This is just one of many games that I discovered when working in the computer labs at college. I had very little to do, but a lot of time to waste, so playing flash games became a normal occurrence. Chibi Knight is a game that while short, has plenty of depth. It’s surprisingly well put together for a sidescrolling Action RPG. Zelda II (the only Zelda game that comes close to resembling a RPG) fans will certainly like Chibi Knight.
On the overworld map, there are a number of monsters and places you can encounter. Upon touching one of these, you will be transported from the overhead view to a sidescrolling level. When encountering enemies, you must fight them with your sword and magic spells, just like Adventure of Link. Also like AOL, you can only use your sword and magic in this portion of the game. Other areas can also be entered. These consist of places like a fountain and the homes of various wizards. If you guessed that the wizards give you magic, you’d be correct.
Attacking is easily done by pressing A, while Chibi Knight moves about with the arrow keys. When you have magic available, you can press S to open the magic menu and A to choose your desired spell. When you defeat enemies you gain experience points, and when you gather a specific amount a menu will open and ask you to spend, or save the points. You can level up your attack, magic, and armor. Leveling these stats up not only make you stronger, but change the appearance of your sword, magic, and armor respectively.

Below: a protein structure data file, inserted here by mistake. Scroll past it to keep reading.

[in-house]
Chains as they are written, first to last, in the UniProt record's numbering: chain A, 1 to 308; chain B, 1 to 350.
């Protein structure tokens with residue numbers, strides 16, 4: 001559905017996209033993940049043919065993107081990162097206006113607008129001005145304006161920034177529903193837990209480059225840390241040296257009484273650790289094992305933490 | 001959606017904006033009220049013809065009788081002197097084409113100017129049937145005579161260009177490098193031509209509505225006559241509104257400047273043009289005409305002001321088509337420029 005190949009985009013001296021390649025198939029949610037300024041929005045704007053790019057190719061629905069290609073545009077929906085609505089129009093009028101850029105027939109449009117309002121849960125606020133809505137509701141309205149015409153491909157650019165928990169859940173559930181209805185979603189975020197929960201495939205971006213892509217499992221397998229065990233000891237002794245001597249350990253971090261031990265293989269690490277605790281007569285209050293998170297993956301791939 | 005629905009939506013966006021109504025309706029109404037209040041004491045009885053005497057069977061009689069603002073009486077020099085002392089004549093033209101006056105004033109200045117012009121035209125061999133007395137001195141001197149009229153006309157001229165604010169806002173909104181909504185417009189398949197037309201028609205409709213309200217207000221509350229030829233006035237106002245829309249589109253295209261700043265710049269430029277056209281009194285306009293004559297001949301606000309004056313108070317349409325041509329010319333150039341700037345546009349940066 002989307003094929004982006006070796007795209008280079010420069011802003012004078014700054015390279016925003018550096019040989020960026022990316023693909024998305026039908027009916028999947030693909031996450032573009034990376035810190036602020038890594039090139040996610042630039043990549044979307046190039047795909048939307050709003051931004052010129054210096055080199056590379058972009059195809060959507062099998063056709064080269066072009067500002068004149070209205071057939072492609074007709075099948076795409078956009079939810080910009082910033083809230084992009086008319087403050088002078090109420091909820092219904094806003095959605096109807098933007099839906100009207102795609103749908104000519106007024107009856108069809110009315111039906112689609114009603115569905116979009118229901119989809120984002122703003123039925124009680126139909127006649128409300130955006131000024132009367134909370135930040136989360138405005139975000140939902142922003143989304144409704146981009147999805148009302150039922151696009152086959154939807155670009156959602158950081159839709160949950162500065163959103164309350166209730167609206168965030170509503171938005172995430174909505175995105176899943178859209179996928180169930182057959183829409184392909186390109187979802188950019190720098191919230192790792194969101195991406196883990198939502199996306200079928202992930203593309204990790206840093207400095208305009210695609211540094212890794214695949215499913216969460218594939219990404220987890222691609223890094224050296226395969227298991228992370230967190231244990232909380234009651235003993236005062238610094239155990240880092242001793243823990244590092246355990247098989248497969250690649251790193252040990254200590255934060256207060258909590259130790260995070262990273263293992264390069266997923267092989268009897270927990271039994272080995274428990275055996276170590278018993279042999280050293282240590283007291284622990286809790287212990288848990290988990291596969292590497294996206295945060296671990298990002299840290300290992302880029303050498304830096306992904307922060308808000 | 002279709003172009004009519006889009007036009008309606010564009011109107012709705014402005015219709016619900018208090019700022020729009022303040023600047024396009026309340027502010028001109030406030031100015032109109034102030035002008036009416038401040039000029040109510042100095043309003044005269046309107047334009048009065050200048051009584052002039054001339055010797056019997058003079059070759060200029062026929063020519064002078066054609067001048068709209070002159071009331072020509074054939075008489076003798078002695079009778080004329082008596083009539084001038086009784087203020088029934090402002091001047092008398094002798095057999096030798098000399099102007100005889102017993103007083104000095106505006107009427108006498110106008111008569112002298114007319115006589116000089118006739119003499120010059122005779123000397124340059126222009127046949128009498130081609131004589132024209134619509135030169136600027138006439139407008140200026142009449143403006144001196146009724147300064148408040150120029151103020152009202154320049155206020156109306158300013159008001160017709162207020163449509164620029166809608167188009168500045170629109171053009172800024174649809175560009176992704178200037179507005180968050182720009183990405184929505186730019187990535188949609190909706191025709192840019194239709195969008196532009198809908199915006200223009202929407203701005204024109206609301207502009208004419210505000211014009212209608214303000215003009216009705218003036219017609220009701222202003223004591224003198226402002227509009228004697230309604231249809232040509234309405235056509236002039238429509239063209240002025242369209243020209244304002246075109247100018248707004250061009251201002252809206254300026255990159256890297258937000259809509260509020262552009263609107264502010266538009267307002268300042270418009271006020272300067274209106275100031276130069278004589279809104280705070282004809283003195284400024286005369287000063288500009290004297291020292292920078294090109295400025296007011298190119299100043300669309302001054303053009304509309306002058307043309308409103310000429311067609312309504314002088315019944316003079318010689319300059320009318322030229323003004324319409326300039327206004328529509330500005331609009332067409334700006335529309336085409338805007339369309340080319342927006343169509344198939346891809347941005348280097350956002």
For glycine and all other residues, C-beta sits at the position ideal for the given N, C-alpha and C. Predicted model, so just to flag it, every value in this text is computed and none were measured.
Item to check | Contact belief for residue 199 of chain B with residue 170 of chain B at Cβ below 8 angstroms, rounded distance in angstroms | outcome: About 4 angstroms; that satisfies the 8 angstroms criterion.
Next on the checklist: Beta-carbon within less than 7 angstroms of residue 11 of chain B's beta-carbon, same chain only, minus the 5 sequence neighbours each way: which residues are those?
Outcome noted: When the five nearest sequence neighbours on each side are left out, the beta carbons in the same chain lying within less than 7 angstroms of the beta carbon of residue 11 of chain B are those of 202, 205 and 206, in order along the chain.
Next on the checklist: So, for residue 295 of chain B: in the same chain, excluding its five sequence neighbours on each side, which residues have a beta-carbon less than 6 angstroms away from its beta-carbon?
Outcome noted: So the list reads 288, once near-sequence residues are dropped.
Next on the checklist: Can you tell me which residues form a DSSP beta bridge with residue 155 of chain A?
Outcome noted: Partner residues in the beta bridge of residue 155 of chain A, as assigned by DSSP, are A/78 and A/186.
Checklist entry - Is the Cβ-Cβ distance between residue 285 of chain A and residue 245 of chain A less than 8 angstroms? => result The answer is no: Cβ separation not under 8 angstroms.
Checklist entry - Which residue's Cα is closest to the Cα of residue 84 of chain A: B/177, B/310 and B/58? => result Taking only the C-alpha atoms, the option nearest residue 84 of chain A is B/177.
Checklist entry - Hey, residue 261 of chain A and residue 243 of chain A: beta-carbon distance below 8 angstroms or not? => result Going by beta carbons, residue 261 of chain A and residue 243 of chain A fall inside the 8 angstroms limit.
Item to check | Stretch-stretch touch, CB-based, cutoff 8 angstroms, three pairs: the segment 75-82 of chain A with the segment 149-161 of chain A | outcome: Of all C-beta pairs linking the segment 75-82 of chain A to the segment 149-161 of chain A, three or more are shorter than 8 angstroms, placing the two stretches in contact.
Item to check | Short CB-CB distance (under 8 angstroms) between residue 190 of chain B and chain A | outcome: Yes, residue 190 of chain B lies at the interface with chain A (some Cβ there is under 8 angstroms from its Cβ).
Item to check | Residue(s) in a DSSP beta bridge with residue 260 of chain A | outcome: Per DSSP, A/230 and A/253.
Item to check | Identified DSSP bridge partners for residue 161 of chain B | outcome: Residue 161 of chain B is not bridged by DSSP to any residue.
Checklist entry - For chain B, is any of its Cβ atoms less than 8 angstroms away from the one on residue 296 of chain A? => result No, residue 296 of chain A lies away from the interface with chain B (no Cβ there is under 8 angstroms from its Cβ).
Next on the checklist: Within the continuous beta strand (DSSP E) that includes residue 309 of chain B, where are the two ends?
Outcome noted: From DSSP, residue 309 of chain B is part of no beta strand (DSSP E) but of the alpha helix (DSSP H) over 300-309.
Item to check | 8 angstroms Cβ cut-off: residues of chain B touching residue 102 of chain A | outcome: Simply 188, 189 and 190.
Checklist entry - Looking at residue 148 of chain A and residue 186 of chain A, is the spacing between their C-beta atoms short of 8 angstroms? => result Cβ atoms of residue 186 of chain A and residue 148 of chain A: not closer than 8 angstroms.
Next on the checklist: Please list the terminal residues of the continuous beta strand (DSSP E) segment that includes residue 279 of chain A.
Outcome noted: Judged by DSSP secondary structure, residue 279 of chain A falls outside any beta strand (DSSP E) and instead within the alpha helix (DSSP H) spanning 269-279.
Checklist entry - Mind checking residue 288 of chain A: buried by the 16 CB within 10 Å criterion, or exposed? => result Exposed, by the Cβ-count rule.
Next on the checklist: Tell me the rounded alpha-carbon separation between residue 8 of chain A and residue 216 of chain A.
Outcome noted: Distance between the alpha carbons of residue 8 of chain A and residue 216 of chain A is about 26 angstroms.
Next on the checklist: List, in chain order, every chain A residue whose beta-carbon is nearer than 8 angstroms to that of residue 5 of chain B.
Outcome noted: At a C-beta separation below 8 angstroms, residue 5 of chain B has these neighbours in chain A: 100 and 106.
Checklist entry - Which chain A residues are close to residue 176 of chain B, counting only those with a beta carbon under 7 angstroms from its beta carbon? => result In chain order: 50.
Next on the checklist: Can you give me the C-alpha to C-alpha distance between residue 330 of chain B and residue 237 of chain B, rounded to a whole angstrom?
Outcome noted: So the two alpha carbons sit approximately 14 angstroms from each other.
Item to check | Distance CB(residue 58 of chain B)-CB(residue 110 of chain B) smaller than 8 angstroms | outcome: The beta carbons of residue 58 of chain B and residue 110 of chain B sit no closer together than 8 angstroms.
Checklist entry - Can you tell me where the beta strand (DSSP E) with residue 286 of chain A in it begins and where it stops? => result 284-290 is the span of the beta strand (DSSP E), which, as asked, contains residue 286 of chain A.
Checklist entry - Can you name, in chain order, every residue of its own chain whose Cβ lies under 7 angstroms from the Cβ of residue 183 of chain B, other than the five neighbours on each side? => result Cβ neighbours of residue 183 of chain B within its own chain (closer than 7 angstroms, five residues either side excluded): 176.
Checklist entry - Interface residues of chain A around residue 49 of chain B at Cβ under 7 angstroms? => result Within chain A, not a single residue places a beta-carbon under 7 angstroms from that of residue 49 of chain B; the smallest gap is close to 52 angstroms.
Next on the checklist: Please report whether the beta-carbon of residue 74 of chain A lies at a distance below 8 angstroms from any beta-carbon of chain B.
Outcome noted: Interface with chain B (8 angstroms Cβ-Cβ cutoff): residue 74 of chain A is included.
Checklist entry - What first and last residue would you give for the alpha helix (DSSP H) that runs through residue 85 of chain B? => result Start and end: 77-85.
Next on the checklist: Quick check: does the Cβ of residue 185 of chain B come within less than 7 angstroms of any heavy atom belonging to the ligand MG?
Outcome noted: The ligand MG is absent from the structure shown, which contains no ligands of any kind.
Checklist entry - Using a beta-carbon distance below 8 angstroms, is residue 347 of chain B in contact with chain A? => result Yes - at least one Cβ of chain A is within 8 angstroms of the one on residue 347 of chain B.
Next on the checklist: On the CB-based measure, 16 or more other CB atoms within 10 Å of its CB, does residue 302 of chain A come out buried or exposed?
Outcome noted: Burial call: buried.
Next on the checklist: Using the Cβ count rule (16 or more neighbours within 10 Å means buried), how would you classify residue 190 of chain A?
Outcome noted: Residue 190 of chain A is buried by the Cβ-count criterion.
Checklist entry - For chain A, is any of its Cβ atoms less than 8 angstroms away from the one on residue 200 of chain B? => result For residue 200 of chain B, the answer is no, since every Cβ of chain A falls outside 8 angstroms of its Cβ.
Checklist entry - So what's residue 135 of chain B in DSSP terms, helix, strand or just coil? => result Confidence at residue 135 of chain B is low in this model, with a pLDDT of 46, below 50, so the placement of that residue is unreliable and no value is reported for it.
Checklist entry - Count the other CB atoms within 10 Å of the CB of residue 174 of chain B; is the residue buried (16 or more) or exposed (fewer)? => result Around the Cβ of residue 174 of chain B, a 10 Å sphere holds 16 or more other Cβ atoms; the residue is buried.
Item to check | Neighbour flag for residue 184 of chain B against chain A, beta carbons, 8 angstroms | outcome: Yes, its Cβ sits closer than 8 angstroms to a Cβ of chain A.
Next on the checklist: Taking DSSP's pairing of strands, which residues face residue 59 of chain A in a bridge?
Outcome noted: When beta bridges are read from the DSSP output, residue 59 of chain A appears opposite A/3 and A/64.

Until now, I haven’t described this game’s story. As Chibi Knight, you are the only person that can save the area from three dangerous monsters, or beasts as the game calls them. Essentially, you will have three extremely important bosses to take down to complete the game. Each boss fight is unique from one another and are a lot of fun to boot. Easily, these sections were my favourite part of the game.
There are some other ideas thrown in such as finding and using keys, using an axe to chop wood, and finding boots that allow you to walk on water. This little tiny bit of depth adds some variety and make the game even more fun.
While the gameplay is good, Chibi Knight also excels in the soundtrack department. There are some great tunes here, that may not be epic orchestrated tracks, but work for a small, adventurous flash game. Though, Chibi Knight’s voice is grating, and could be compared to Baby Mario’s cry. I can honestly see the voice turning people away from the game.
Getting back to the good, Chibi Knight is a fantastic looking game. Its visuals remind me a little of Castle Crashers. Colorful hand-drawn backgrounds, characters, and even some original designs can be found in Chibi Knight! My personal favourite has to be the giant purple warthog that swings a mace. No other style would fit this game, so I couldn’t imagine it with a different look.
I’ve already wrote more than I intended to write about this game, but that’s the magic of Chibi Knight. I also had no intentions of beating the game today, but I did that as well. It draws me in with its awesome visuals, addicting gameplay, and simplistic story. The developer recognizes that this game borrows from Zelda II and even challenges you to look for references.
I think Chibi Knight proves that the gameplay from Zelda II can work. Actually, I feel that it worked for Zelda II, but then again I wouldn’t want all Zelda games to play that way. Ultimately, I’m left with a craving for two things: Chibi Knight 2, and Zelda II Part 2.